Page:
Interestingly, I’ve almost never heard anyone complain about the added charges, and in my district it sometimes looks like there’s a competition to have the cutest bag collection in the Wal-Mart checkout line. My own favorite bag is the 7-11 one shown below, which I not only used for shopping, but also to carry my books to classes my first term:

The happy little Earth is all ready to do some serious cleaning. The Chinese exclamations are 爱护环境! and 少用胶带!–“Take good care of the environment!” and “Use fewer plastic bags!”

When I was back home in the States, I was often frustrated by cashiers’ putting my one-item purchases into large plastic bags, especially since many of my purchases were already in bags, which seems a little backwards to me now. Maybe it’s time for the US to adopt the same change; if it’s good enough for D.C. and PagoPago, it should be good enough for oh-so-hip California. 

 While China’s standing as an environmental watch-dog is maybe shaky on points, this is one point on which China clearly has the right idea.

Quid Pro Quo, I

October 4, 2010

Since the country has given me a few vacation days, I figure now’s a good time to answer the question, “Do you think your Chinese is so good, then?” What follows is my own most recent attempt at writing in Chinese, with my teacher’s corrections. (My own words are struck through wherever I’ve made mistakes; my teacher’s changes are in brackets.) I’d say the result is an emphatic “No.”  Foreigners who don’t “get” hanzi at all can skip down to the English explanation at the bottom.

我教一个小孩儿[,]她的名字叫Boop. Boop现在跟我学习一本英文阅读课本,内容都是关于一个小孩人与他的小狗,叫Blue. 最近我们学过一课, Blue 和另外一只狗在挖洞玩儿,惹它们的[主人生气]照顾者的批评],* 可是两只狗一直不听话,当时偏偏继续挖洞。课文下面有一些阅读问题,第一道就是"你自己觉得Blue和另外一只狗玩儿得很高兴[吗]?为什么?"

Boop开始回答就碰到了一些文化的阻碍阻隔。** 原来她只要回答‘因为Blue非常喜欢挖洞’可是从美国人的角度[考虑,]这道[题这样]回答是不对的。我们觉得那道问题不是问Blue为什么玩儿得很高兴的,反而是问你从[那]什么一或两句话可以看[出]它玩儿得很高兴。[我让Boop再仔细]考虑[一下]这道问题,[这]时候Boop块开始撒娇好多[:]‘唉呀,这一道太伤脑筋[了]![老师]能不能[直接]告诉我[答案?]老师,请你说明一下。’




**在这儿,老师写,‘这个不是文化的问题, 而是没有把握题目的意思。’


So, this should be simple enough story to tell: I have a student named Boop (Names have been changed, poorly, to protect the innocent). She and I are studying a reading comprehension book that’s mostly about a kid and his dog, Blue. Recently, we read a chapter in which Blue and another dog are digging holes, and their owners get angry. [Here, my teacher asks me to explain why the owners are angry.] But Blue and the other dog don’t care; they just keep digging.

After the story, one of the comprehension questions is “Do you think Blue and the other dog were having a good time? Why?” Boop runs into a cultural barrier with this question. She answers, “Because Blue just likes to dig.” [Here, my teacher tells me that this is not a cultural barrier, but rather a matter of Boop not understanding the question. I put the comment about cultural barriers in at the start to indicate that this is not just a story, but rather an illustration of something bigger; perhaps such a mini-thesis shows up in a different place in Chinese writing?] From an American’s point of view, this answer is just wrong. We know that the question is really asking why we think Blue and his buddy are or are not having fun, and we can easily point to one or two sentences to support our thinking.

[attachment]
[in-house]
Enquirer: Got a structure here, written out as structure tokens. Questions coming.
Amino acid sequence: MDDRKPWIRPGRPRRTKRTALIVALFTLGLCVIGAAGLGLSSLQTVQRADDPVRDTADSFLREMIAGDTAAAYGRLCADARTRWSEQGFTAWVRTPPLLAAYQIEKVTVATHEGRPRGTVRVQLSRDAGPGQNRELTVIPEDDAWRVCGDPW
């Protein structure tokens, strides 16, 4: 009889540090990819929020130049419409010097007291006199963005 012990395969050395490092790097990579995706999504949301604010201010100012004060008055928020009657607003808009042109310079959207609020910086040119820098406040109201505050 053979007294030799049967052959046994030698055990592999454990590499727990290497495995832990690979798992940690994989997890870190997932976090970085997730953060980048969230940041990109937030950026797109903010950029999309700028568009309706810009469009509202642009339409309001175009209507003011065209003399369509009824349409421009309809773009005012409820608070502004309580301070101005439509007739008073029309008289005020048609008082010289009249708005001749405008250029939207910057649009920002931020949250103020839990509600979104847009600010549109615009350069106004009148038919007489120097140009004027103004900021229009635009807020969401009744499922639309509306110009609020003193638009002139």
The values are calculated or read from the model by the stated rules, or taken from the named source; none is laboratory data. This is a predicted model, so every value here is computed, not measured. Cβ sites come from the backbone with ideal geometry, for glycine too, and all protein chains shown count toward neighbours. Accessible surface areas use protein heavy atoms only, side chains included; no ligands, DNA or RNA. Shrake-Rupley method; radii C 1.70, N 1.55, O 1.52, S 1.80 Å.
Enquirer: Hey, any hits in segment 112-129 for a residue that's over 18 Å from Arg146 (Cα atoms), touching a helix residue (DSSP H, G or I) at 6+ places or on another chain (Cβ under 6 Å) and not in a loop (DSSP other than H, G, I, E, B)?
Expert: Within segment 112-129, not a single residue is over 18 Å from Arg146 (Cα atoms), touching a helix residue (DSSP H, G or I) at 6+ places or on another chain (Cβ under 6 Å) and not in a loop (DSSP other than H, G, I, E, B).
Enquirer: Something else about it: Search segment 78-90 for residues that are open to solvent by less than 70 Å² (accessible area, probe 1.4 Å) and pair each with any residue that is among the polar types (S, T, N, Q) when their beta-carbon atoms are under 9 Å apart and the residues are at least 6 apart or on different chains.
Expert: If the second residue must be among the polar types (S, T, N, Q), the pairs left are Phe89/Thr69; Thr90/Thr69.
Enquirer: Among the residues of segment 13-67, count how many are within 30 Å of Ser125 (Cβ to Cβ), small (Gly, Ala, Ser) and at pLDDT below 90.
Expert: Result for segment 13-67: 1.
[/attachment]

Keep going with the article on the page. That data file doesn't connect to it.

When Boop tried thinking through this kind of question, she got frustrated and pouty, saying, “Ah, this question’s too tricky. Teacher, tell me the answer.” Again, from an American kid’s point of view, this kind of a question is simple. You just have to think about how you reach a conclusion, and there’s no right or wrong answer. (On the other hand, give them a math question and watch them sweat.)

At the time, Boop remained frustrated, saying, “烦死我了 (This irritates me to the point of death)!” I told her, “This is every day for me. I deal with this sort of thing every day.” [I’ll mention that Boop did finally “get it,” and that she’s doing better now with this sort of question; I’m usually not.]

If you look at the Chinese chunk above, you can easily see how many places are scratched out, and in how many places words have been fixed by my teacher. Every correction she made is one that I can actually say and write, but for some reason, when I’m actually trying to communicate, I completely botch sentences. 

From my mistakes, I can draw a few conclusions: 1, My Chinese is pretty poor; 2, My typing is really poor (since I just implicitly believe the computer must be right); 3, My usage is pretty poor, and I often confuse words that have similar meanings; 4, When I don’t know the right word for things, I make up new words to express my ideas, even though most people can’t understand them; 5, I have no idea of what context is needed to tell a story in Chinese; 6, When I do provide appropriate context, I put it in the wrong place.